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Fuel Composition Effects on Forced Ignition of Liquid Fuel Sprays

[+] Author Affiliations
Sheng Wei, Jerry Seitzman

Georgia Institute of Technology, Atlanta, GA

Brandon Sforzo

Argonne National Laboratory, Lemont, IL

Paper No. GT2018-77196, pp. V04BT04A061; 9 pages
  • ASME Turbo Expo 2018: Turbomachinery Technical Conference and Exposition
  • Volume 4B: Combustion, Fuels, and Emissions
  • Oslo, Norway, June 11–15, 2018
  • Conference Sponsors: International Gas Turbine Institute
  • ISBN: 978-0-7918-5106-7
  • Copyright © 2018 by ASME


In gas turbine combustors, ignition is achieved by using sparks from igniters to start a flame. The process of sparks interacting with fuel/air mixture and creating self-sustained flames is termed forced ignition. Physical and chemical properties of a liquid fuel can influence forced ignition. The physical effects manifest through processes such as droplet atomization, spray distribution, and vaporization rate. The chemical effects impact reaction rates and heat release. This study focuses on the effect of fuel composition on forced ignition of fuel sprays in a well-controlled flow with a commercial style igniter. A facility previously used to examine prevaporized, premixed liquid fuel-air mixtures is modified and employed to study forced ignition of liquid fuel sprays. In our experiments, a wall-mounted, high energy, recessed cavity discharge igniter operating at 15 Hz with average spark energy of 1.25 J is used to ignite liquid fuel spray produced by a pressure atomizer located in a uniform air coflow. The successful outcome of each ignition events is characterized by the (continued) presence of chemiluminescence 2 ms after spark discharge, as detected by a high-speed camera. The ignition probability is defined as the fraction of successful sparks at a fixed condition, with the number of events evaluated for each fuel typically in the range 600–1200. Ten fuels were tested, including standard distillate jet fuels (e.g., JP-8 and Jet-A), as well as many distillate and alternative fuel blends, technical grade n-dodecane, and surrogates composed of a small number of components. During the experiments, the air temperature is controlled at 27 C and the fuel temperature is controlled at 21 C. Experiments are conducted at a global equivalence ratio of 0.55. Results show that ignition probabilities correlate strongly to liquid fuel viscosity (presumably through droplet atomization) and vapor pressure (or recovery temperature), as smaller droplets of a more volatile fuel would lead to increased vaporization rates. This allows the kernel to transition to a self-sustained flame before entrainment reduces its temperature to a point where chemical rates are too slow. Chemical properties of the fuel showed little influence, except when the fuels had similar physical properties. This result demonstrates that physical properties of liquid fuels have dominating effects on forced ignition of liquid fuel spray in coflow air.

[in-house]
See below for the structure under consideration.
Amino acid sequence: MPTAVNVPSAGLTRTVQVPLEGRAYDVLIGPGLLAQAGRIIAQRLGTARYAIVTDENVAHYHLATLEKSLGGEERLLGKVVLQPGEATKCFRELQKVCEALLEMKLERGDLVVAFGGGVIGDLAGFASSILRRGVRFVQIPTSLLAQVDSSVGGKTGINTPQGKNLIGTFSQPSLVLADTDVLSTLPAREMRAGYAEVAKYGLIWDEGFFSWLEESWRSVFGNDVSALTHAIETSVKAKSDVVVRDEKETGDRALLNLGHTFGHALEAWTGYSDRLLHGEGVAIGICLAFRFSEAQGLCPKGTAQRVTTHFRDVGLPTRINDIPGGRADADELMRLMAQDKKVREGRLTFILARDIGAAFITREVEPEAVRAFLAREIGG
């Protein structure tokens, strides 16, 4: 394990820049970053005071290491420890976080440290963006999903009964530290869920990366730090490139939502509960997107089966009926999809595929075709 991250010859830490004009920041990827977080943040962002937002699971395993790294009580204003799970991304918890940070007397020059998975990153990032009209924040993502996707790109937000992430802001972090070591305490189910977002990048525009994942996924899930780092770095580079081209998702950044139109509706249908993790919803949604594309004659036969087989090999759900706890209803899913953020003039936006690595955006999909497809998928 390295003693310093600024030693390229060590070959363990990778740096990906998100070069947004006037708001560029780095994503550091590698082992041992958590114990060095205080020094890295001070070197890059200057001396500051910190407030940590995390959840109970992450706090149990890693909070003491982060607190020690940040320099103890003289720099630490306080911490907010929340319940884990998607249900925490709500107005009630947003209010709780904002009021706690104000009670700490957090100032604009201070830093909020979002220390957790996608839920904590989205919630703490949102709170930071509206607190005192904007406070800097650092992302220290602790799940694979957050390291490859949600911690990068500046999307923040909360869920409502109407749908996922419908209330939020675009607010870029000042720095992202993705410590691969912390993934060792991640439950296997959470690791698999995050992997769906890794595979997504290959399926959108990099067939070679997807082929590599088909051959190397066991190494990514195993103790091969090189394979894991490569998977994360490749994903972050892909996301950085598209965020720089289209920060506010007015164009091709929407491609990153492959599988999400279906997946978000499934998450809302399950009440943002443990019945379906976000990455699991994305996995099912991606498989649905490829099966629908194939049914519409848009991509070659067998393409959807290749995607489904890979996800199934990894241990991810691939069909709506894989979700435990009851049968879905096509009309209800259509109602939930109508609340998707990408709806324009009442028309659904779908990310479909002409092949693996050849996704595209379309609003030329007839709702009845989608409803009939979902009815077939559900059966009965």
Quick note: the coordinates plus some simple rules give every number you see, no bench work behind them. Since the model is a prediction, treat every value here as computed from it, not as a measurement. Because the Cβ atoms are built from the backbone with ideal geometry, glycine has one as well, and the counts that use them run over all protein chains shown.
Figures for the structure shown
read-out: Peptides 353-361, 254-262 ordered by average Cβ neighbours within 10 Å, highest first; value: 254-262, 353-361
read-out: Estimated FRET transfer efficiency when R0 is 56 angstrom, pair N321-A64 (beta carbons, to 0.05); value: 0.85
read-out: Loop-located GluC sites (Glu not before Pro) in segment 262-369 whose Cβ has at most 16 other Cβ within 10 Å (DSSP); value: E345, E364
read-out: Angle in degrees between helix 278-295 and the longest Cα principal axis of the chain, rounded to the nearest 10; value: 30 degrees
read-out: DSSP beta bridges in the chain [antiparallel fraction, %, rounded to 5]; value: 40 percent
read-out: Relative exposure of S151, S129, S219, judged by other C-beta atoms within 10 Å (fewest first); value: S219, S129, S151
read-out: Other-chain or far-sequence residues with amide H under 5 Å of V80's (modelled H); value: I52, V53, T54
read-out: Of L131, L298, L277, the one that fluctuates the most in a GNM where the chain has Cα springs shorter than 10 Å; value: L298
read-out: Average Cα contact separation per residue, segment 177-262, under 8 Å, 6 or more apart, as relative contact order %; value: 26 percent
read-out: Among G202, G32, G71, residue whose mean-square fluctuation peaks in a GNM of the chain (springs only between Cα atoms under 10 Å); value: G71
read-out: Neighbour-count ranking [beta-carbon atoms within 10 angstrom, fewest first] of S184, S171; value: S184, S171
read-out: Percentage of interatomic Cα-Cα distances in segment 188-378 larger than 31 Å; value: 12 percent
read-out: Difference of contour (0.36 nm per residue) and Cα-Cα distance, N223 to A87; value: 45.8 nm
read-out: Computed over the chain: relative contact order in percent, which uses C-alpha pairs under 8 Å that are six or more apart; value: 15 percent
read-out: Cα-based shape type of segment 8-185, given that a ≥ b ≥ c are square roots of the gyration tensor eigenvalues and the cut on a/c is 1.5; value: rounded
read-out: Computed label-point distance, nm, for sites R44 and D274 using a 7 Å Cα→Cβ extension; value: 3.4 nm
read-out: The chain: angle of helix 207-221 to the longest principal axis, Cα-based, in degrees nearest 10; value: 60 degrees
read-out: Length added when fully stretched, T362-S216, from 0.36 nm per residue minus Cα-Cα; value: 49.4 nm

Copyright © 2018 by ASME
Topics: Fuels , Sprays , Ignition



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